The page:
Superposition rule is used to solve a DC resistive circuit which has two independent voltage sources and four resistors.
In AC circuit analysis, if the circuit has sources operating at different frequencies, Superposition theorem can be used to solve the circuit. Please note that AC circuits are linear and that is why Superposition theorem is valid to solve them. Problem Determine where and . Solution with AC Circuit Analysis Since sources are operating at […]
A circuit with four meshes solved using the mesh analysis.
Problem Find and : Solution Three resistors are in series and their equivalent, , is parallel with the voltage source. So, according to the Ohm's law: . The negative sign comes from the direction . Applying KCL at the bottom node: . The lucky winner of the Electrical Circuits Contest #1 is Kunal Marwaha from […]
Determine the driving-point impedance of the network at a frequency of kHz: Solution Lets first find impedance of elements one by one: Resistor The resistor impedance is purely real and independent of frequency.
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Find using superposition rule: Solution Superposition The superposition theorem states that the response (voltage or current) in any branch of a linear circuit which has more than one independent source equals the algebraic sum of the responses caused by each independent source acting alone, while all other independent sources are turned off (made zero).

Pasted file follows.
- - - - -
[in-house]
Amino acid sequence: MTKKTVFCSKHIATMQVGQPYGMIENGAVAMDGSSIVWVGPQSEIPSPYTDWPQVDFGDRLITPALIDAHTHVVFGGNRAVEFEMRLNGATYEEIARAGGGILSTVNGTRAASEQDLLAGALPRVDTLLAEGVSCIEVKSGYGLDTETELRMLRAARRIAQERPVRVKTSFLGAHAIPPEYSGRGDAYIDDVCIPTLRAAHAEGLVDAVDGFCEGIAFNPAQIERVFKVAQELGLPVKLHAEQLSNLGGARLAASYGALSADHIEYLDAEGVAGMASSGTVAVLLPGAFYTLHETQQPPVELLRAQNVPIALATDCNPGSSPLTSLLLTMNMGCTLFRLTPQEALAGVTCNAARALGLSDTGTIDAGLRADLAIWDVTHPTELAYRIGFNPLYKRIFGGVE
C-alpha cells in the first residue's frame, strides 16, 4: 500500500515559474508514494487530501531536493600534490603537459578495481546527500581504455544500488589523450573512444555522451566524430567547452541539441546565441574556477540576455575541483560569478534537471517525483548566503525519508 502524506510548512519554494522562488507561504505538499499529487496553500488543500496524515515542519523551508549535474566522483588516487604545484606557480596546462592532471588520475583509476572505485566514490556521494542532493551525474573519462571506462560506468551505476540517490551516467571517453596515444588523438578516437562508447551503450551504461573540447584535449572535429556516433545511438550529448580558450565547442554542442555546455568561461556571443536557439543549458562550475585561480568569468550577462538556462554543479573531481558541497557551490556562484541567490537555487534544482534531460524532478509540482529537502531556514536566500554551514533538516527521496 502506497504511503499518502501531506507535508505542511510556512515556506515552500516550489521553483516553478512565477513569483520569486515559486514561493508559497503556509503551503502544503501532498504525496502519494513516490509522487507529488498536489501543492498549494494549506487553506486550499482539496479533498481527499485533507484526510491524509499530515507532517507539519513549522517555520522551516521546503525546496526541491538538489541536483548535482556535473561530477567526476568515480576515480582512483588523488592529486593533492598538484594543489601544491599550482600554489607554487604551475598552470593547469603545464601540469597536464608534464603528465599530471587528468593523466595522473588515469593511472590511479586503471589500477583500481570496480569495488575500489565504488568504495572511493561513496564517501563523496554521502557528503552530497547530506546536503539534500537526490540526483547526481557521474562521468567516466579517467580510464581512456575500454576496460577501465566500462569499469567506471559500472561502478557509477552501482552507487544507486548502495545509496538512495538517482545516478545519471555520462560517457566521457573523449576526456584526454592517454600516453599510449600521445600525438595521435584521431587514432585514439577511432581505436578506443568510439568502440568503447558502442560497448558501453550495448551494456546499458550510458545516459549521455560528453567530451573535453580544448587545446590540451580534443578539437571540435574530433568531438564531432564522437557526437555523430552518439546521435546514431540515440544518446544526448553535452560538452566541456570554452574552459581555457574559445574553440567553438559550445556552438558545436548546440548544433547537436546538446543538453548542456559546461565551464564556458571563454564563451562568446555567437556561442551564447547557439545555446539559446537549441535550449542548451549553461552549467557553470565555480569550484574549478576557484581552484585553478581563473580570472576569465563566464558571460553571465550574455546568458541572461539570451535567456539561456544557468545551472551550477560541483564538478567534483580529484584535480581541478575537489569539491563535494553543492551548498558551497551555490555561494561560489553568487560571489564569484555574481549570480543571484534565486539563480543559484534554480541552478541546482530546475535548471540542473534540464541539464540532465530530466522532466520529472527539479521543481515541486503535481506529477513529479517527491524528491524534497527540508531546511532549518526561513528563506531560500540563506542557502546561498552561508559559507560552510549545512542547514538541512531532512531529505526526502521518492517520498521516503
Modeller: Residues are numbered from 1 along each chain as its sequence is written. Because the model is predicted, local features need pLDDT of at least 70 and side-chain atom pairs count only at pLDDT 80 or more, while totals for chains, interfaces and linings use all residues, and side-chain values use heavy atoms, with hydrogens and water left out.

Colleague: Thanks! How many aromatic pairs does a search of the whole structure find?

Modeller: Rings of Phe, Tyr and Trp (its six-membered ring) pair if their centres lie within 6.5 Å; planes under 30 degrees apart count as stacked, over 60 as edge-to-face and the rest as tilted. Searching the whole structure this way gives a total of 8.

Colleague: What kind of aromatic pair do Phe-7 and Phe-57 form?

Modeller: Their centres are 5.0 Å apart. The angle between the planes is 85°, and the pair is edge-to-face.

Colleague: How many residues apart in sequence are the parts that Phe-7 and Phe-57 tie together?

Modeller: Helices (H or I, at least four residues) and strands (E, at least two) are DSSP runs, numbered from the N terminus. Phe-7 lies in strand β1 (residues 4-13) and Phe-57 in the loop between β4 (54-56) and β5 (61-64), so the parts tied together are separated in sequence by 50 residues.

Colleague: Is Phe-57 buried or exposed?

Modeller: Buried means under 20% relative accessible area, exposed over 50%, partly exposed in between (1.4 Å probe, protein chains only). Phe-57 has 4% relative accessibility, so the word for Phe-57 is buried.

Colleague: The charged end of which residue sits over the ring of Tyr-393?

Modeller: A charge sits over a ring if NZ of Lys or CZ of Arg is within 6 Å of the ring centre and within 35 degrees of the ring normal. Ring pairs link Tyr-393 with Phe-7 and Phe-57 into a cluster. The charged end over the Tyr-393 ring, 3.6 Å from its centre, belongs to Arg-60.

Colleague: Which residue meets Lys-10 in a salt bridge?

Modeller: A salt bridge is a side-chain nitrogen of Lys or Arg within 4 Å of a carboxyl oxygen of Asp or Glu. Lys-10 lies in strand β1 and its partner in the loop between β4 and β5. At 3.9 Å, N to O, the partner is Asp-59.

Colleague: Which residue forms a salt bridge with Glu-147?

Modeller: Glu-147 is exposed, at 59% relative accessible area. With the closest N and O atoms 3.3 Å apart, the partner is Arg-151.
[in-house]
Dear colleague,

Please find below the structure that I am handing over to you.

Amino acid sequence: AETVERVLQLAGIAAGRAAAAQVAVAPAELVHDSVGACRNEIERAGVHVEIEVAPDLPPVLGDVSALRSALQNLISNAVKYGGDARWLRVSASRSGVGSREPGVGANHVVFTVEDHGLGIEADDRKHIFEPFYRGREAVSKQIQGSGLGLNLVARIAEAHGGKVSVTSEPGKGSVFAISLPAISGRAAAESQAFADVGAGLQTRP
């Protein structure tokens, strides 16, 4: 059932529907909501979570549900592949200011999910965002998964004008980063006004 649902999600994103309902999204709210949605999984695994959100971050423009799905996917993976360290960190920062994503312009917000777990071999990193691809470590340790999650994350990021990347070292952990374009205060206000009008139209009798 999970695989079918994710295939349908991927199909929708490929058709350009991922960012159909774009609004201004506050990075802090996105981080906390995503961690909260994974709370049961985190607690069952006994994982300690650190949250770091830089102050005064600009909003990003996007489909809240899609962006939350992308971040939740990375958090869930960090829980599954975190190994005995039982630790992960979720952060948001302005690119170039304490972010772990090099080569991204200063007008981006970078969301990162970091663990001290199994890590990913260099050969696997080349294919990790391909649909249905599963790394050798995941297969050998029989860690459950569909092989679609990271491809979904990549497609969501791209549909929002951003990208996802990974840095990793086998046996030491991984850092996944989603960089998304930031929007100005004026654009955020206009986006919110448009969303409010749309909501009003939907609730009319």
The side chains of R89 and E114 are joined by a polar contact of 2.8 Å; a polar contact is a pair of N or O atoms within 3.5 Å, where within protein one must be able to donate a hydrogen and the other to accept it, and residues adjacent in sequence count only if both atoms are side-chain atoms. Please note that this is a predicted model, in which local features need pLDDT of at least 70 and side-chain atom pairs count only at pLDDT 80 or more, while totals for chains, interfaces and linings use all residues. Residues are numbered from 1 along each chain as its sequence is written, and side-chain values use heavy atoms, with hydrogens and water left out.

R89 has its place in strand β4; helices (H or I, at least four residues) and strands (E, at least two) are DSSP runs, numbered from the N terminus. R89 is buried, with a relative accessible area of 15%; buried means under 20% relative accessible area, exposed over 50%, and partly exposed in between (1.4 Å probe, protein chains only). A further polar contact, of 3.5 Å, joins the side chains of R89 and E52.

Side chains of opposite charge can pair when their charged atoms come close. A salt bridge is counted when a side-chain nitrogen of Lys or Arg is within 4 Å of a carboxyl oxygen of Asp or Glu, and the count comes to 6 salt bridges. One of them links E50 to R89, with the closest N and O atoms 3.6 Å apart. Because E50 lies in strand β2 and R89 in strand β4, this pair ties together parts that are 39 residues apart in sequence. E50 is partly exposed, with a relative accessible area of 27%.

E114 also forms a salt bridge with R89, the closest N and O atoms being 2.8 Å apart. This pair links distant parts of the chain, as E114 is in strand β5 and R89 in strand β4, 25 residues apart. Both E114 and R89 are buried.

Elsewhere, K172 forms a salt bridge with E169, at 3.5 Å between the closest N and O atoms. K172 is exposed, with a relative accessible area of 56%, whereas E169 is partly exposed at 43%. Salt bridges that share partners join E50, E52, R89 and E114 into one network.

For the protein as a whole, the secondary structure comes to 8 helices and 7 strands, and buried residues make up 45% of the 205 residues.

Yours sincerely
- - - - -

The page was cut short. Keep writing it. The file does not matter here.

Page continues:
Find Thevenin's and Norton's Equivalent Circuits:Suppose that , and . Solution The circuit has both independent and dependent sources. In these cases, we need to find open circuit voltage and short circuit current to determine Norton's (and also Thevenin's) equivalent circuits.
A DC resistive circuit with two sources, one voltage source, one current source both independent solved using current division method.
Solve the circuit and find the power of sources: , , , , , . Solution: There are three meshes in the circuit. So, we need to assign three mesh currents. It is better to have all the mesh currents loop in the same direction (usually clockwise) to prevent errors when writing out the equations.